Lingering agitations to have government upturn the position of the Nigeria Shippers’ Council (NSC), as the stakeholders’ preferred economic regulator for the nation’s seaports may have again hit the rocks.
President Muhammadu Buhari, during the week may have tacitly approved the position of the agency as he directed the Council to go ahead and produce a viable blueprint for maximum exploitation of the economic potentials of the maritime industry.
The directive which further reaffirmed the role of NSC apparently jolted heads of other contending agencies that were present at the just concluded 14th Maritime Seminar for Judges in Abuja.
Prominent agencies in the maritime industry namely, the Nigerian Ports Authority (NPA), and the Nigerian Maritime Administration and Safety Agency (NIMASA), have been at the fore front of agitation for government to jettison the appointment of NSC for the coveted role, and be replaced by either of them.
The President was represented at the event by the Solicitor-General of the Federation, Mr. Taiwo Abidogun, who told the gathering that having an economic regulator at this critical time of economic downturn is imperative to encourage transparency in economic activities, enhance revenue generation and boost patronage of the seaports.
The President further called on both the judiciary and the legislature to lend support to the reform of the maritime sector of the nation’s economy. “For us to achieve maximum productivity and efficiency in the maritime industry, we must get rid of fraudulent and corrupt practices in the industry. Corruption increases cost of doing business, destroys ease of doing business, distorts processes and procedures, robs government of legitimate revenue and gives the country a bad image.
“We cannot afford to perpetrate the cases of mismanagement and squander of national resources which we have witnessed in some of our institutions in the maritime sector”, he added.
He warned that the time for a paradigm shift “is now and in line with our agenda for a corruption-free society” adding that, his administration would encourage and enforce discipline and sanity in the maritime sector
The President noted further that the maritime sector had also been bedeviled by challenges of criminals and unpatriotic elements through crimes like illegal bunkering, vandalism of maritime facilities, especially related to oil and gas sector.
He condemned piracy and other forms of armed attacks in the Gulf of Guinea, attacks on security personnel manning the waterways, as well as corruption between supervising officials and criminals on the nation’s waterways.
Buhari said that he had given the appropriate directives to the necessary authorities that the nation’s waterways remain safe and conducive for international and domestic trade and commerce.
The Chief Justice of the Federation, Hon. Justice Mahmud Mohammed, said that with a predicted increase in the future volume of global trade, “there is no doubt that the future presents infinite possibilities and also attendant risks and challenges to operators and the judiciary’’.
In his words, “as dispensers of justice, the judiciary must be informed of the trends in the maritime sector in order to properly act as an arbiter of disputes and determinant of rights as are germane to the sector and its stakeholders”.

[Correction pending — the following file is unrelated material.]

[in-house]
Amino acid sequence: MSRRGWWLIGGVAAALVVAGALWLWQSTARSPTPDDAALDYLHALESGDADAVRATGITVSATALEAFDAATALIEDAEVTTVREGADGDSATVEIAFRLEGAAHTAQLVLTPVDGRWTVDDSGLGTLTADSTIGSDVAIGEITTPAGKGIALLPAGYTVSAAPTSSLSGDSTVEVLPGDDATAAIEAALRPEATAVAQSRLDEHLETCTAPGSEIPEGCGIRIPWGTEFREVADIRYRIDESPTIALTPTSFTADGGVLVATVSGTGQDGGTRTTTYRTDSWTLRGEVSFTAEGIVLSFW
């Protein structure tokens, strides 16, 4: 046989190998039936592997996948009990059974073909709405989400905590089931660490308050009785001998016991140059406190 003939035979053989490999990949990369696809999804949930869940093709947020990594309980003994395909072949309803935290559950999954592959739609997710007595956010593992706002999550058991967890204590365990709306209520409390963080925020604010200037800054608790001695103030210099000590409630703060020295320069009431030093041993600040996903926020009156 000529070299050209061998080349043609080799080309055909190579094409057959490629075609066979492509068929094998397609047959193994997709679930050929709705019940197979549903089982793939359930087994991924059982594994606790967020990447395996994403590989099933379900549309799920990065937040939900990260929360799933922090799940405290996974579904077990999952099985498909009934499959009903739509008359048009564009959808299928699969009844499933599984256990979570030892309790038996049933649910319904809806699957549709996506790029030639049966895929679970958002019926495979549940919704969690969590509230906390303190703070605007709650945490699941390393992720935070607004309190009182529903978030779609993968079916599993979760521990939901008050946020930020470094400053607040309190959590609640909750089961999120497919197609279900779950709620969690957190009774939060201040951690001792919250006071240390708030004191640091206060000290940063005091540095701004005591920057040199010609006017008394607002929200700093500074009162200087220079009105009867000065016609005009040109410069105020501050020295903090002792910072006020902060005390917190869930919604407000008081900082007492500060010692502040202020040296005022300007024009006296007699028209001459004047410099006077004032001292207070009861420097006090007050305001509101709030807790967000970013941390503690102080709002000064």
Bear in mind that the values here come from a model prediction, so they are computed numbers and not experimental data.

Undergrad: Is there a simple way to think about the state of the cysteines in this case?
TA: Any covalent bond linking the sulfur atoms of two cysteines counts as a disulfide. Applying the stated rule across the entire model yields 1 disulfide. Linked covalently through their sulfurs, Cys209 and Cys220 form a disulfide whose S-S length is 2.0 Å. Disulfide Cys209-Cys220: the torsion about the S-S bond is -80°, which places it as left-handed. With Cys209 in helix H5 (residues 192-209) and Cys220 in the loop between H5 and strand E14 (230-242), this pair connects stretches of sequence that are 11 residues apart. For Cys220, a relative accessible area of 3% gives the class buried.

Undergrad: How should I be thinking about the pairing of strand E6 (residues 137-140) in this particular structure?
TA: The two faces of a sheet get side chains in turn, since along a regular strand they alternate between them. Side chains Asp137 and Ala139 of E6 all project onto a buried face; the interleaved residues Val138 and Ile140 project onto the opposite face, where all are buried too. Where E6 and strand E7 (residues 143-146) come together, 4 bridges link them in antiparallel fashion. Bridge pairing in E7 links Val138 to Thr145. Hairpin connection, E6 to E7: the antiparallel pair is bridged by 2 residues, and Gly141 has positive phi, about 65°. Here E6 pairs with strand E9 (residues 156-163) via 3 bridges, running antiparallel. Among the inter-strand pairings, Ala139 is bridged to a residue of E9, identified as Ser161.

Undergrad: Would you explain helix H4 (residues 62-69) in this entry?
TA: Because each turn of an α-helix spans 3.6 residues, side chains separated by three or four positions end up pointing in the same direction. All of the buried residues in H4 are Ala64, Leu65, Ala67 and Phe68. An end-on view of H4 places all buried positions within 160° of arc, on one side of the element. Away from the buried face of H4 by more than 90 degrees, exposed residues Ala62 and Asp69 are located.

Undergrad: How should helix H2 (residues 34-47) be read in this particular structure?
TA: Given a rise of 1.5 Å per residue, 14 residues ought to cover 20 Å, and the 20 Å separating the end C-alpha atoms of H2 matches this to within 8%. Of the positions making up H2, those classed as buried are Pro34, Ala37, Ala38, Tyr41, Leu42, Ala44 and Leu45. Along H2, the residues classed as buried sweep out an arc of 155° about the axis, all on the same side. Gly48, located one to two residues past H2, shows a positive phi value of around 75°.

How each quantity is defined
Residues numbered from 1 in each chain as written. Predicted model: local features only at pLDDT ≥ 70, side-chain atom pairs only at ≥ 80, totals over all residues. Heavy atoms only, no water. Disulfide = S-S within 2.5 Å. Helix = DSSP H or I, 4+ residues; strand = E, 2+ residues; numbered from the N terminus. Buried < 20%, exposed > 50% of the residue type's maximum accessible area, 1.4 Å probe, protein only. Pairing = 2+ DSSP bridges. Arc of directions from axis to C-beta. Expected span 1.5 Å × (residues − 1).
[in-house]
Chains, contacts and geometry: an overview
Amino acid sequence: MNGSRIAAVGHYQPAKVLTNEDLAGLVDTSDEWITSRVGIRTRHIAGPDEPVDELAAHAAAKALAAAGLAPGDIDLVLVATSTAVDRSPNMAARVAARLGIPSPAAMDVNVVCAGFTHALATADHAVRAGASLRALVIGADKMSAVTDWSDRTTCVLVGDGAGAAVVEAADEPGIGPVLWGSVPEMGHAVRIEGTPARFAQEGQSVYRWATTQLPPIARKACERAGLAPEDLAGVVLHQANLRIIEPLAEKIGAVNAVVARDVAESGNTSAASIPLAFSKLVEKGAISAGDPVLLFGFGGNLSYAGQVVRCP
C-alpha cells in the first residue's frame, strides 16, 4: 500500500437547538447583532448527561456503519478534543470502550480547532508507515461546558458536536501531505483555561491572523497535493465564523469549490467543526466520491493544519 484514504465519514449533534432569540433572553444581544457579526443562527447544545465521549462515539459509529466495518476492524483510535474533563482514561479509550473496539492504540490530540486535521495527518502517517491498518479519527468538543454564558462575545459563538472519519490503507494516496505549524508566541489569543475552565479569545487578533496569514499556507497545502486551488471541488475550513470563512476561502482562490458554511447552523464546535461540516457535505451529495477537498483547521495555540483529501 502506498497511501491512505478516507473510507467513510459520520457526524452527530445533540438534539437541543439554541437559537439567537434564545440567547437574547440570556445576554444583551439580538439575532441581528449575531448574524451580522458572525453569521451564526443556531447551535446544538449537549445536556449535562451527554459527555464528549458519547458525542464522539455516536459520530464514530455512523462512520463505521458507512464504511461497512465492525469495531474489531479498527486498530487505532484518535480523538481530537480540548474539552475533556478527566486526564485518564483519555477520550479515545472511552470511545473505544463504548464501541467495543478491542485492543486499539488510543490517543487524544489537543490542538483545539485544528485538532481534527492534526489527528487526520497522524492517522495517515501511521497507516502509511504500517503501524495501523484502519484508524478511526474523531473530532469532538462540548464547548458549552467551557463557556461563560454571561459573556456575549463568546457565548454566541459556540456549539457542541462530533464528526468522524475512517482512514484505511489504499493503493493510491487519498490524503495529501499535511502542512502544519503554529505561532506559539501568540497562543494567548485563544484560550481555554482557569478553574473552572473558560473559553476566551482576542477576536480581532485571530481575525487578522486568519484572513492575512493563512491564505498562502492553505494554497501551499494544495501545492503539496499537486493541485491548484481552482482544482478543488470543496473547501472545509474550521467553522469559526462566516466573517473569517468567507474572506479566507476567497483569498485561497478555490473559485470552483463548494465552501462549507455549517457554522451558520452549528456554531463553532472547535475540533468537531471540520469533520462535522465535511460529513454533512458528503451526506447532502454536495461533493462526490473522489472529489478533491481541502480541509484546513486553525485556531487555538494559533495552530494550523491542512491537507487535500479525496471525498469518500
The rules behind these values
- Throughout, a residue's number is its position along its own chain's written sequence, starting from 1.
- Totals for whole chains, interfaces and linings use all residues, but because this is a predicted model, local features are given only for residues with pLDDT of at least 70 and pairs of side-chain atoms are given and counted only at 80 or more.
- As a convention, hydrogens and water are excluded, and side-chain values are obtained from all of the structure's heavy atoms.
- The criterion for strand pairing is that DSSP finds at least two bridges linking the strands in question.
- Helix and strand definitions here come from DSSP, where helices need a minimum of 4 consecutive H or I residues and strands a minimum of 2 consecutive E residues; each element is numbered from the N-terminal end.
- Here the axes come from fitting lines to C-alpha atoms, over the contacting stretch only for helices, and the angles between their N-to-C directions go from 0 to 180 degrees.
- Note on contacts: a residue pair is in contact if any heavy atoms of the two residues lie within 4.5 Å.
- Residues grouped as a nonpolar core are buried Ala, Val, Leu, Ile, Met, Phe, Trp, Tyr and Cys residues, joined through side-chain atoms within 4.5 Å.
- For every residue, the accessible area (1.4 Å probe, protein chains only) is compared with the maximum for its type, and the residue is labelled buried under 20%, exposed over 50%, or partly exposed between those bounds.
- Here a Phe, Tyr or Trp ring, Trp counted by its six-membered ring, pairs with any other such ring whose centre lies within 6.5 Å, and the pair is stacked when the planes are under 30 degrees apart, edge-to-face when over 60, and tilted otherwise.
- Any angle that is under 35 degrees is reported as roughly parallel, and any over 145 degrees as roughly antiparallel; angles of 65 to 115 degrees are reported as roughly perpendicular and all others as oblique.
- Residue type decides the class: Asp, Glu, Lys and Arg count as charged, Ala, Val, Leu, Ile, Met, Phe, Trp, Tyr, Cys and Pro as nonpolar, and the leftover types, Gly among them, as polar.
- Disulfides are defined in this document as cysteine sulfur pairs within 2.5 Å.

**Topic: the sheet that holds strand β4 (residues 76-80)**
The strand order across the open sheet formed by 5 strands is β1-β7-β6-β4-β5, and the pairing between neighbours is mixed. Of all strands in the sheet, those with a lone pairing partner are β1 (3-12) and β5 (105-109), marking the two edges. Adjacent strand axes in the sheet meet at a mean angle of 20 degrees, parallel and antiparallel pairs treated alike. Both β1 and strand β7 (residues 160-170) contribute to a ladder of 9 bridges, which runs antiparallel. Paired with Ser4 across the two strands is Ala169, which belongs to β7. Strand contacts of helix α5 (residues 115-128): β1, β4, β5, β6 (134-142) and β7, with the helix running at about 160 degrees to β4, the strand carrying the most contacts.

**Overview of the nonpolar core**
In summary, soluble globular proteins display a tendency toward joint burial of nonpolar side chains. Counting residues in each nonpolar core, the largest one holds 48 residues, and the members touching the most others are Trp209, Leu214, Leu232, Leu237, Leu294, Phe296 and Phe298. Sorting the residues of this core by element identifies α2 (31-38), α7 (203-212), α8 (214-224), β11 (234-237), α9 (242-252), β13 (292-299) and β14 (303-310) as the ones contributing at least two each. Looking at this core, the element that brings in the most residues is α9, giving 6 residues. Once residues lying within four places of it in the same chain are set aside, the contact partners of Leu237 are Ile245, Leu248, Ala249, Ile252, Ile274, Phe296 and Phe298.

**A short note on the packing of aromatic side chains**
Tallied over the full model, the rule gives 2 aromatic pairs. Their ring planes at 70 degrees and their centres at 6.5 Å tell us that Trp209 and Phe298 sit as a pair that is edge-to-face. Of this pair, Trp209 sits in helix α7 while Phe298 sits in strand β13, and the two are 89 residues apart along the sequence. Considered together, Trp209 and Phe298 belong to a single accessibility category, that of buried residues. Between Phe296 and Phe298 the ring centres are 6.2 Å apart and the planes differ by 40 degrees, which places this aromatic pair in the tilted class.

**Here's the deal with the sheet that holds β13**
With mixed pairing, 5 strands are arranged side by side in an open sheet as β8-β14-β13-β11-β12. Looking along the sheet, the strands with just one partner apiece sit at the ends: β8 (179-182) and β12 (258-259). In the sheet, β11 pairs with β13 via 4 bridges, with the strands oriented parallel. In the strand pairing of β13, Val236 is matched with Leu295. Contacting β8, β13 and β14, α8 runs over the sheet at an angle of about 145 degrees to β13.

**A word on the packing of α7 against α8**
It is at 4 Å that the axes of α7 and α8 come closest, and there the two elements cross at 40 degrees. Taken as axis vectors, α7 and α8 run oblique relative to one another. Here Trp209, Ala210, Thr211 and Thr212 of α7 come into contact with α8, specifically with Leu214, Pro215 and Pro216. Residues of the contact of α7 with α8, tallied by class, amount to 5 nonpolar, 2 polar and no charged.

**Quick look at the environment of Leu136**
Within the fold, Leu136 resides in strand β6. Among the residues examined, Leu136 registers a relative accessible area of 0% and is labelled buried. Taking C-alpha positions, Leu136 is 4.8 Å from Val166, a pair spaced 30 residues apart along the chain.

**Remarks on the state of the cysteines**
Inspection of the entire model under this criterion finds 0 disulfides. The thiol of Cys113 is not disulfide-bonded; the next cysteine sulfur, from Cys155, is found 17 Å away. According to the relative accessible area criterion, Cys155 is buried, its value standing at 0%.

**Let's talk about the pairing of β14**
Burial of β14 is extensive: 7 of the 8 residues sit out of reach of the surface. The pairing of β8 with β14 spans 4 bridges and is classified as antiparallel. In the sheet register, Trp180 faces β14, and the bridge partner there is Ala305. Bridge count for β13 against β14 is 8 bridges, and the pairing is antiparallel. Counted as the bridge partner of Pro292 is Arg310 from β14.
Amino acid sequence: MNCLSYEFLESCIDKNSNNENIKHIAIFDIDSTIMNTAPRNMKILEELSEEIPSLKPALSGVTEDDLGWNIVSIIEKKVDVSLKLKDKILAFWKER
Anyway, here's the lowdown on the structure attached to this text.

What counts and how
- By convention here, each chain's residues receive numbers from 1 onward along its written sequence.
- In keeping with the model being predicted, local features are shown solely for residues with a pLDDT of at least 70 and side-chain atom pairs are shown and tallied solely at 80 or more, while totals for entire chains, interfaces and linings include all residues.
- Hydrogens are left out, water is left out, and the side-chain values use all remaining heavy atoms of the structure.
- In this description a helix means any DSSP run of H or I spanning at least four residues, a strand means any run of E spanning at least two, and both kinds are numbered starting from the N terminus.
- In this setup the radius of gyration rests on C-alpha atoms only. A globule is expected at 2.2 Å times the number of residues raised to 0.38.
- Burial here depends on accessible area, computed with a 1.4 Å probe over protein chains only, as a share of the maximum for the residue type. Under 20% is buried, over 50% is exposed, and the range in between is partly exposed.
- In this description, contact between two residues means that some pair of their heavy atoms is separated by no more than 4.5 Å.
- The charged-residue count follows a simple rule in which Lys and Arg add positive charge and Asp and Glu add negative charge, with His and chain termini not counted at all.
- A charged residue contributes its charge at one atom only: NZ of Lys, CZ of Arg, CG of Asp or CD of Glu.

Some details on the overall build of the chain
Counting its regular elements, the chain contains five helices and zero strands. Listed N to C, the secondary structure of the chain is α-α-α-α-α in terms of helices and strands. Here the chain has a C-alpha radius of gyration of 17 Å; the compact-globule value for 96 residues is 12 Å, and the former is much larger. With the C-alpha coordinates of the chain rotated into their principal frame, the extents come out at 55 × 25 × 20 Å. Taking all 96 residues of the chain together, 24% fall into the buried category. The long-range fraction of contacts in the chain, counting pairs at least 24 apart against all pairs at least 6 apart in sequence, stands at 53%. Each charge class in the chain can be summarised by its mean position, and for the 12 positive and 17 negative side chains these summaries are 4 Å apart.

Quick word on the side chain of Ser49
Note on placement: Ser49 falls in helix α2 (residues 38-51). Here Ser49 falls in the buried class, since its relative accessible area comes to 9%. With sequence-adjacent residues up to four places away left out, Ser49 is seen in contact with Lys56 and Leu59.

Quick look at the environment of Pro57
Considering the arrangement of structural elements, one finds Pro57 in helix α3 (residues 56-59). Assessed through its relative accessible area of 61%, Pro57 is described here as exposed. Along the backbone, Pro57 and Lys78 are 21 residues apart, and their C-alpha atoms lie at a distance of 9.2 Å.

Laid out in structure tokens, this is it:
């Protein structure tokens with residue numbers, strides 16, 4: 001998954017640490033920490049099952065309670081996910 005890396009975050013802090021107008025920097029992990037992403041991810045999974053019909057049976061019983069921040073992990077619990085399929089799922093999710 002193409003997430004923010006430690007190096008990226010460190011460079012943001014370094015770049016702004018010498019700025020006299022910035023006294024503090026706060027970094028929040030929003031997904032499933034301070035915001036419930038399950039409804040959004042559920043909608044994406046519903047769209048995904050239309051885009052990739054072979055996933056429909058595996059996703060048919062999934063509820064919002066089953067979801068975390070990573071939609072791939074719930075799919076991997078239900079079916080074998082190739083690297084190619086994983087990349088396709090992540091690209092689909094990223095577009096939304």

According to Mohammed, the seminar had over the years “contributed immensely to deepening synergy between the Judiciary and the maritime sector, thus strengthening our jurisprudence”.
He noted however that it was essential for both the judiciary and the maritime sector to partner to create a suitable condition that would facilitate trade and investment.
Also speaking, Minister of Transportation, Mr Rotimi Amaechi, said that the importance of quick and efficient handling of maritime matters by courts could never be over-emphasized.
He said it was commendable that the seminar has created a veritable forum where prominent jurists and legal luminaries come together to rub minds on how to enhance the competitiveness and economic viability of Nigeria’s maritime industry through the capacity building of the judicial officers.
“I am therefore glad to note that gathering among us of eminent jurists, judges and justices of superior courts of cords in Nigeria and other countries in the West African sub-region (Gambia, Sierra Leone and Ghana)”.
The annual Maritime Seminar for Judges which debut in 1995, has since witnessed the attendance of “over 500 judges and justices of superior courts of both Federal and States who have participated and benefitted from the seminar” the Minister said.
He noted the role of the seminar in influencing far-reaching policy directions of government in the maritime and transport sectors, as he suggested that maritime law should be introduced and made a compulsory course of study in institutions of higher learning,
Amaechi called on the Nigerian Shippers’ Council to ensure the realization of this objective.
The Executive Secretary of the NSC, Mr. Hassan Bello, said the council would ensure that Admiralty Law is made a compulsory subject in institutions of higher learning
.Bello thanked the Chief Justice of the Federation for his interest in developing admiralty law, adding that “in the National Judicial Institute, the Council has found a worthy collaborator’”.